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HomeNewsPlans for ten new tower blocks in Harrow sparks community debate

Plans for ten new tower blocks in Harrow sparks community debate

The Greenmead Place development proposal has sparked a debate within the Harrow community. With plans for ten new tower blocks up to 13 storeys high, over 500 homes, and a new Tesco store, the project promises both opportunities and challenges.

Here, we explore the potential positives and negatives surrounding the ‘Tesco Towers‘ development.

One of the most compelling arguments for the Greenmead Place development is its potential to address Harrow’s housing shortage. With 504 new homes planned, this project could significantly alleviate the pressure on the housing market.

The inclusion of 35% affordable housing, while short of the 40% target, still represents a substantial contribution to making housing more accessible to lower-income families.

The development promises more than just new homes. The new Tesco store, which will replace the existing one on Station Road, is set to offer enhanced facilities, including a customer café and additional jobs for the community.

The creation of a new pocket park and green spaces throughout the site also aims to provide much-needed recreational areas for residents, contributing to a better quality of life.

According to the Greenmead Place website, “There is an acute housing crisis in Harrow with many local people being unable to find a home they can afford in the area where they grew up.”

To address this, the Harrow and Wealdstone opportunity area has been established, covering 177 hectares, including the Tesco site, with the ambition “to deliver at least 5,000 new homes and 1,000 jobs in this area to help address the current shortage.”

The website highlights that this site “has the opportunity to greatly contribute towards that target, increasing the supply of much needed homes to house our growing population as well as reducing existing overcrowding.”

The developers emphasise that they have “taken great care to study the site carefully as well as the surrounding context and our immediate neighbours, to ensure we can deliver the benefits of a new neighbourhood without causing harm to those already here.”

Recently, Deputy Leader of Harrow Council, Cllr Marilyn Ashton noted the importance of adhering to the London Plan to ensure the adoption of Harrow’s Local Plan. She added, “It’s in the London Plan, which we must conform to because otherwise we won’t get our Local Plan adopted at all.

“We would have to put the development in the suburbs. This is what people have to understand.”

This strategic alignment can help Harrow secure necessary approvals and funding for future developments and infrastructure projects.

Plans for ten new tower blocks in Harrow sparks community debate Harrow Online
Tesco Car Park, Station Road, Harrow. Image: Google Maps

Residents opposing the Greenmead Place development have voiced their strong objections through the “Residents Say No to Tesco Towers and Notting Hill Genesis Development in Harrow” petition.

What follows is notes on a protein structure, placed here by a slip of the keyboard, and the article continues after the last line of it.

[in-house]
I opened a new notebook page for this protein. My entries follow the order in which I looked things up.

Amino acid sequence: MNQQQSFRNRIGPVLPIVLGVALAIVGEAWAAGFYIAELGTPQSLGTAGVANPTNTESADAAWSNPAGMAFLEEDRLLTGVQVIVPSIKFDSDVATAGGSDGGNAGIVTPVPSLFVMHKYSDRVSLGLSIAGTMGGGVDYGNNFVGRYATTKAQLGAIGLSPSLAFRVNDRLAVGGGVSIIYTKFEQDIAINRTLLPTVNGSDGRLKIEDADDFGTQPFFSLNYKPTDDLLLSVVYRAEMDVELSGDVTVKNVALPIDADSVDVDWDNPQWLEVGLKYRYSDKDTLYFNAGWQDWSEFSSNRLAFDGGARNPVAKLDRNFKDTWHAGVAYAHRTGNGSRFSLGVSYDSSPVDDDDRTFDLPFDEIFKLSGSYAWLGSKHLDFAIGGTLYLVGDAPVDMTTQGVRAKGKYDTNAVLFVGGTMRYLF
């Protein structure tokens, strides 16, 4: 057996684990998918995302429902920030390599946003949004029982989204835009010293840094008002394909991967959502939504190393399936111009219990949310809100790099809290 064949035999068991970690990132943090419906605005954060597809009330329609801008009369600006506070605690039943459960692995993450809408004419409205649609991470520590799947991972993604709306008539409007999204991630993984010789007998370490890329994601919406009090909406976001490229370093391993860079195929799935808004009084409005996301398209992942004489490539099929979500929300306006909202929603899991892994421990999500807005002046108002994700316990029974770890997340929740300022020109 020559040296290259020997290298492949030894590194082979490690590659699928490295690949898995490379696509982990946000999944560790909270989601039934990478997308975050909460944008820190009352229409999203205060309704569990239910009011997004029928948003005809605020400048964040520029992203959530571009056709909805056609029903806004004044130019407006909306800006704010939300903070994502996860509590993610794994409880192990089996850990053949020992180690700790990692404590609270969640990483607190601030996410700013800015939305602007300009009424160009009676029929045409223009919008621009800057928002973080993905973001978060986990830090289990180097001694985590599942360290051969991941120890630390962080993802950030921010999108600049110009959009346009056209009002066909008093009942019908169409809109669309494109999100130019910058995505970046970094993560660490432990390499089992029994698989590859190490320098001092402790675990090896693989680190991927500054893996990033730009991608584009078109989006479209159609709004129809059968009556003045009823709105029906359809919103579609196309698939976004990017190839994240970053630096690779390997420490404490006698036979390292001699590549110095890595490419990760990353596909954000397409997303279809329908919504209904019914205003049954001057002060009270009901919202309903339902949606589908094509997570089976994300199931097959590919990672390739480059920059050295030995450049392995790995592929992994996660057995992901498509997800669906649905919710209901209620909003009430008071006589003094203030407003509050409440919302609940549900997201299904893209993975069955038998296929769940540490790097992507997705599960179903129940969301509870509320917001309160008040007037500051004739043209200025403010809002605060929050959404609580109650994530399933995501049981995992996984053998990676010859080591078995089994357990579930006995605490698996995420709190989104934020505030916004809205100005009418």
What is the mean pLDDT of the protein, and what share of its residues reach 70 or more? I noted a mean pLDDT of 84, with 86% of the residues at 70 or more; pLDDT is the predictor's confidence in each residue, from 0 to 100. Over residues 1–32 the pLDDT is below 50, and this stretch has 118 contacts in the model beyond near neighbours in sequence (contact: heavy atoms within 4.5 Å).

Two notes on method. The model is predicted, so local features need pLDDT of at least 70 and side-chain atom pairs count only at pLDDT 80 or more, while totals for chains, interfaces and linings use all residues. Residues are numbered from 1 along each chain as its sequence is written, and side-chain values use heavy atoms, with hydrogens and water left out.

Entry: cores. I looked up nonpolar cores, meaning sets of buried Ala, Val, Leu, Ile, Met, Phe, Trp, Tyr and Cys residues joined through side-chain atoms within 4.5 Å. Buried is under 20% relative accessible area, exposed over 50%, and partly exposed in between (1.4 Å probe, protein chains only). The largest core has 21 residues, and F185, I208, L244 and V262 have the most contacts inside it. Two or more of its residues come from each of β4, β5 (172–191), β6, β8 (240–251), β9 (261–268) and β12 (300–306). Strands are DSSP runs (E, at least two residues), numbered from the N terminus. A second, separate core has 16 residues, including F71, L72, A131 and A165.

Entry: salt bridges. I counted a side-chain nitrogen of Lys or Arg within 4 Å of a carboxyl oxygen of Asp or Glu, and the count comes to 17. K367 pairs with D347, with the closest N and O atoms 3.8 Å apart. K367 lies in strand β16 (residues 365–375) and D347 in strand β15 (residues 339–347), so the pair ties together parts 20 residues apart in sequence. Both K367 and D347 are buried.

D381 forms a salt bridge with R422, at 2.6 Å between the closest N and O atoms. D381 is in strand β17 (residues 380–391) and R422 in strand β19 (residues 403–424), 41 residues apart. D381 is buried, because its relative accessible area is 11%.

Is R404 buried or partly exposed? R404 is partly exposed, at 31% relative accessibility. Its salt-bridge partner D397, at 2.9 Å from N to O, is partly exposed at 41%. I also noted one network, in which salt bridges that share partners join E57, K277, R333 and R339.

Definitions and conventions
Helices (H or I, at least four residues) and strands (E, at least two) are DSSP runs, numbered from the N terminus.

They argue that the proposed high-rise development, which includes a 15-storey building, is “overbearing and will dominate the surrounding homes of mainly two-storey houses and low-rise flats.”

The petition highlights concerns that “the development design totally ignores the surrounding community,” and points out the lack of infrastructure improvements, including “no additional GP surgeries, capacity at Northwick Park Hospital, improvement to public transport links, roads, water supply or sewage disposal.”

Residents also fear that the increased congestion and pollution from high-density housing on one of Harrow’s busiest roads will worsen traffic conditions, especially with “155 cars to a road where two schools are within a few metres.”

They also note that the development will result in a “20% reduction in the Tesco store size and 33% less parking spaces for Tesco customers,” which could lead to more congestion and fewer jobs in the area.

Criticism is also directed at the affordability claims, as the petition states, “NHG says ‘35%’ of the new accommodation will be ‘affordable’ but this includes shared ownership which is anything but affordable with prices in Harrow.”

The petition concludes that the development “does not benefit the community and would be detrimental to the health and wellbeing of the area,” urging Harrow Council to reject the application.

A spokesperson for NHG stated, “We have conducted several rounds of consultation and fully engaged with the local community to ensure their views were heard, which resulted in several changes, including a reduction in height and density, minimising the impact on neighbouring streets.”

The Greenmead Place development presents a dilemma for Harrow. While it promises to address housing shortages and bring economic benefits, the concerns about overdevelopment, infrastructure strain, environmental impact, and the consultation process cannot be overlooked.

The planning committee’s decision in the coming months will be pivotal in determining the future of this project and its impact on the Harrow community.

The debate continues, be sure to head on down to the Harrow Online Group on Facebook and let us know your thoughts.

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